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CSRF Protection Part 1

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We've gotta talk about one more thing: security. Specifically, CSRF attacks.

CSRF Attack?

Imagine if a malicious person built an HTML form on a totally different site, but set its action="" attribute to a URL on our site. Then, what if some user, like me, who is logged into our site, was tricked into submitting that form? Well, the form would submit, I would of course be authenticated, and the request would be successful! That's a problem! The malicious user was basically able to make a request to our site logged in as me! They could have done anything!

The other possible attack vector is if a malicious user runs JavaScript on their site that makes an AJAX call to our site. The result is exactly the same.

Do APIs Need Protection?

So, how can we protect against this in an API? The answer... you might not need to. If you follow two rules, then CSRF attacks are not possible.


Update: A more secure option is now available: to use SameSite cookies, which are now supported by most browsers and can be enabled in Symfony: If you need to support older browsers, using CSRF tokens is best.

First, disallow AJAX requests from all domains except for your domain. Actually, this is just how the Internet works: you can't make AJAX requests across domains. If you do need to allow other domains to make AJAX requests to your domain, you do that by setting CORS headers. If you're in this situation, just make sure to only allow specific domains you trust, not everyone. This first rule prevents bad AJAX calls.

For the second rule, look at our API: src/Controller/RepLogController. Find newRepLogAction(). Notice that the body of the request is JSON. This is the second rule for CSRF protection: only allow data to be sent to your server as JSON. This protects us from, for example, bad forms that submit to our site. Forms cannot submit their data as JSON.

If you follow these two rules - which you probably do - then you do not need to worry about CSRF. But, to be fully sure, we are going to add one more layer: we're going to force all requests to our API to have a Content-Type header set to application/json. By requiring that, there is no way for a bad request to be made to our site, unless we're allowing it with our CORS headers.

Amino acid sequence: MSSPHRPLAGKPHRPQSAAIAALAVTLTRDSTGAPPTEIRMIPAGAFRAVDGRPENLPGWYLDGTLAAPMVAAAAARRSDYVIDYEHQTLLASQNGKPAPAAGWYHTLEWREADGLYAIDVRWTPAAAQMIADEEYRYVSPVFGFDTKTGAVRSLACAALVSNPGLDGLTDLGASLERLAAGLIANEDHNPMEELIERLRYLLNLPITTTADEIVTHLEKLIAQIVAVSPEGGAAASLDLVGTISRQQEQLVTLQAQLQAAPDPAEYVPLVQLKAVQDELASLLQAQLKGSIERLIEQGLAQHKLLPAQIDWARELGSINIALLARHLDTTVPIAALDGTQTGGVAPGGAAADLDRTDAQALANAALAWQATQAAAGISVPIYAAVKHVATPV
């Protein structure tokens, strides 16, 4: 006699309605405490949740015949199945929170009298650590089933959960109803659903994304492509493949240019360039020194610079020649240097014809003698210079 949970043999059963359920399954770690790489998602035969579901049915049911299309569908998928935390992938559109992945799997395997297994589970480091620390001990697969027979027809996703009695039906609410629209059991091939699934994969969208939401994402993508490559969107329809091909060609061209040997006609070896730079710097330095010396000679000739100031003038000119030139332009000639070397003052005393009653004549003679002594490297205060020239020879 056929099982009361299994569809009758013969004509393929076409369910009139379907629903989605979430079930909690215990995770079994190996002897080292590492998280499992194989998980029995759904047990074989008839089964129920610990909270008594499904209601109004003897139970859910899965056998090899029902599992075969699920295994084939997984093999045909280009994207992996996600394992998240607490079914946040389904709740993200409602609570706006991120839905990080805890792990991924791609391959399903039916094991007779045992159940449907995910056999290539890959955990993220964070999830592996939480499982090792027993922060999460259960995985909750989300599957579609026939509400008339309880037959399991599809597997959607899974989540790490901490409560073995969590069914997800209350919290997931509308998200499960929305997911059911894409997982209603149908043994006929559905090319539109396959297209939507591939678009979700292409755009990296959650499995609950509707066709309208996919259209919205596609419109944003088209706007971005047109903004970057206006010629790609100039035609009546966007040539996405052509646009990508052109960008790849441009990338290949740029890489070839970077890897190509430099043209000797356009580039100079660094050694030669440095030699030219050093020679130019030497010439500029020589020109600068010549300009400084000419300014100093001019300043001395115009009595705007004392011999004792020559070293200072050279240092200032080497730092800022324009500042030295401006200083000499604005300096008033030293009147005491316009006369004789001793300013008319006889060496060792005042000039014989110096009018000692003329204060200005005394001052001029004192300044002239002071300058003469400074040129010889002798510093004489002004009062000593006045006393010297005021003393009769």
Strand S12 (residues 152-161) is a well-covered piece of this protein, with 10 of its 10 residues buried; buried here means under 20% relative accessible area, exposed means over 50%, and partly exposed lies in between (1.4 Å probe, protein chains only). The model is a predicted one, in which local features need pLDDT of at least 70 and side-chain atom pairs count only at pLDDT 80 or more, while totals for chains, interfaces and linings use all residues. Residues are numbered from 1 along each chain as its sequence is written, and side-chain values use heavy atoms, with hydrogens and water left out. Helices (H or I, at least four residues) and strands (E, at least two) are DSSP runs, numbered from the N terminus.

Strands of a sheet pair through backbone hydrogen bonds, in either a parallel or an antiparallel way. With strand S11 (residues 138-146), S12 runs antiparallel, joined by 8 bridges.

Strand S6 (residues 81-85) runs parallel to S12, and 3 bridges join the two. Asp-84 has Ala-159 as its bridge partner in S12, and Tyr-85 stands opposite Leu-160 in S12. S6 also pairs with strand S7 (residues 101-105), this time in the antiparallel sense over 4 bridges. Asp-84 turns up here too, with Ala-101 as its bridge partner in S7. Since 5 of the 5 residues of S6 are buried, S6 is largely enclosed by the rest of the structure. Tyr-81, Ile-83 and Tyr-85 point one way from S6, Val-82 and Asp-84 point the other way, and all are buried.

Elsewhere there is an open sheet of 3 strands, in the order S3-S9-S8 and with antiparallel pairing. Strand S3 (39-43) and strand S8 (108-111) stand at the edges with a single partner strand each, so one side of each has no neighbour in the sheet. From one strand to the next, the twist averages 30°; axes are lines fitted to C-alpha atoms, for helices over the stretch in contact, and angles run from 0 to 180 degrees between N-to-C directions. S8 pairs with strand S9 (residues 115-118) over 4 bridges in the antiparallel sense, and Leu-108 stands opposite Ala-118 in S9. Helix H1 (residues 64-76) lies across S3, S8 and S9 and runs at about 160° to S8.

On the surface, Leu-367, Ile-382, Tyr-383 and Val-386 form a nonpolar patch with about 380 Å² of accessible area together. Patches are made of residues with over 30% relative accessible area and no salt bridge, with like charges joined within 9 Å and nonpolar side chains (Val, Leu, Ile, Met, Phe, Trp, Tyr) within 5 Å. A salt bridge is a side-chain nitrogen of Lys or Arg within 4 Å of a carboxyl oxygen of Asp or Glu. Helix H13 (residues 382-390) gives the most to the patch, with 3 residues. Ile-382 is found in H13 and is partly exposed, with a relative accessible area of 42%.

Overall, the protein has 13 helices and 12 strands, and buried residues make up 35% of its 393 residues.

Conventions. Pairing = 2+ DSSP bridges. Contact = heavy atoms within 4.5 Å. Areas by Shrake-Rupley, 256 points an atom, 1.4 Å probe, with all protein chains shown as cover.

Oh, and important side note: CSRF attacks only affect you if you allow session-based authentication like we're doing, or HTTP basic authentication. If you require an API token, you're also good!

Creating the Event Susbcriber

We're going to require the Content-Type header by creating an event subscriber, so that we don't need to add this code in every controller. First, to speed things up, install MakerBundle:

composer require "maker:^1.35" --dev

When that finishes, run:

php bin/console make:subscriber

Call it ApiCsrfValidationSubscriber. And, listen to the kernel.request event. Done! This made one change: it created a new class in src/EventSubscriber.

// ... lines 1 - 7
class ApiCsrfValidationSubscriber implements EventSubscriberInterface
public function onKernelRequest(GetResponseEvent $event)
// ...
public static function getSubscribedEvents()
return [
'kernel.request' => 'onKernelRequest',

Awesome! Because we're listening to kernel.request, the onKernelRequest() method will be called on every request, before the controller. At the top of the method, first say if !$event->isMasterRequest(), then return. That's an internal detail to make sure we only run this code for a real request.

// ... lines 1 - 9
public function onKernelRequest(GetResponseEvent $event)
if (!$event->isMasterRequest()) {
// ... lines 15 - 21
// ... lines 23 - 31

Next, we do not need to require the Content-Type header for safe HTTP methods, like GET or HEAD, because, unless we do something awful in our code, these requests don't change anything on the server. Add $request = $event->getRequest(). Then, if $request->isMethodSafe(false), just return again.

// ... lines 1 - 15
$request = $event->getRequest();
// no validation needed on safe methods
if ($request->isMethodSafe(false)) {
// ... lines 22 - 31

The false part isn't important: that's a flag for a backwards-compatibility layer.

Perfect! Next, we need to determine whether or not this request is to our api. We'll do that with a cool annotation trick. Then, we'll make sure the Content-Type header is set to application/json.